The AtomJump Earth project has been discontinued. The purpose of this project was to closely mirror the real world and blur the line between a map and reality.
You will find the old news about this project here.
On careful consideration of the implications of the technology we had developed, it became clear that the privacy issues of this project were too great.
The world has taken a dangerous path towards the nightmare scenarios envisaged by science fiction. It is now too easy for a single corporate entity to play God and begin manipulating what we experience. The Earth project was heading in this direction and this was why it needed to stop.
We challenge other map suppliers and future generations to take a similar stance. Leave a map as a representation of the real world, for the purposes of navigation, only.
For end users of our maps: we suggest you go and explore the real world. Get out and about! Visit foreign Wonders of the World in person. The experience will be far richer and more satisfying.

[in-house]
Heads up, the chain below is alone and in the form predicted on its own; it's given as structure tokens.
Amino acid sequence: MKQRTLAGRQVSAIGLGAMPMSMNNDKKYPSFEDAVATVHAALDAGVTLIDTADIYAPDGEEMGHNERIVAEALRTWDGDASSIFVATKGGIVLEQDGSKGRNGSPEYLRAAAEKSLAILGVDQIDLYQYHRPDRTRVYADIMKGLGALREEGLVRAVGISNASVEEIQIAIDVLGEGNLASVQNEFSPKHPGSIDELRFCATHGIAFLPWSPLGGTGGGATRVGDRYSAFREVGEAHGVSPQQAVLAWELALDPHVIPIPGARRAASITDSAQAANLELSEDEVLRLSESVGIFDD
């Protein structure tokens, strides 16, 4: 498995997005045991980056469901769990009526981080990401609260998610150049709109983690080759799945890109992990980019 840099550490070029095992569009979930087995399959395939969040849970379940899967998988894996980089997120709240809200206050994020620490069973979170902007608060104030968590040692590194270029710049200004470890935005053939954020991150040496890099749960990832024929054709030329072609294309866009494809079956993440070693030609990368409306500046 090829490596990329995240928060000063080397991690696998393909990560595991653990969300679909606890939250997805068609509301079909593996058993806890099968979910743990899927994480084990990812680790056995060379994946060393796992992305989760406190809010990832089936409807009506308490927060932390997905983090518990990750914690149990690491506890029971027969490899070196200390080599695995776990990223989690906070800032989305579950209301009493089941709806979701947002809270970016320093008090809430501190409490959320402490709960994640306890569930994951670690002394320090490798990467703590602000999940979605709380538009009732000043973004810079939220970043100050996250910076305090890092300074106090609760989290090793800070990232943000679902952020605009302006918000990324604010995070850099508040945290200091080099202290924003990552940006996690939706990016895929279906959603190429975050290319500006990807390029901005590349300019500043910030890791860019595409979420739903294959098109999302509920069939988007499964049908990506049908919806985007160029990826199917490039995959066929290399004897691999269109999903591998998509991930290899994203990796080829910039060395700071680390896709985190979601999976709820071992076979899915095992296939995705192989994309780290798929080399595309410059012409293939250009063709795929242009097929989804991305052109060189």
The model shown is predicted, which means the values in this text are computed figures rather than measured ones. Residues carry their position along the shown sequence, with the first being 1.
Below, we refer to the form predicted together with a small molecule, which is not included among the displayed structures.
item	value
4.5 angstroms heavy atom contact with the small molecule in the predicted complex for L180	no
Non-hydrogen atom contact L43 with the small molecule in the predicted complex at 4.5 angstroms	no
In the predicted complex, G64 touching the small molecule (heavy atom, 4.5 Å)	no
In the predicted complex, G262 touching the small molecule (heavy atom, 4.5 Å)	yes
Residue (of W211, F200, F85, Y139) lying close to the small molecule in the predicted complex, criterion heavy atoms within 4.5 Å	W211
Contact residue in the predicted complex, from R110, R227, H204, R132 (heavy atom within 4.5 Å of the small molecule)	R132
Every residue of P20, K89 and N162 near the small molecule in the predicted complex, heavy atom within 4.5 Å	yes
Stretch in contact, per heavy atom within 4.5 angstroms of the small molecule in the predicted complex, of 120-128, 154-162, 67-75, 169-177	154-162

Taking this even further: switch off your Facebook accounts and go and actually talk to your friends! Technology is only useful if it complements our lives, not when it dictates to us.
A little known property about database design: it is generally considered best practice to never delete data in a database, but rather to flag the data as being ‘inactive’. This means, whatever you write online will actually never be deleted. Your life becomes a collection of data fragments collected around the world. As a human being we have the wonderful power to love and to care. We have been given a choice. The dark path for humanity is to digitize our very existence.
As a business, our new focus is on listening. Putting our technology skills to good use by allowing those in positions of responsibility to listen to their customers. If people would only learn to listen rather than dictate, our world would be a much more pleasant place to live.
To quote Star Wars: ‘Luke, you’ve switched off your main computer’.
We know. May the Force Be With You.
Click here to discuss.
Peter Abrahamson, in 2014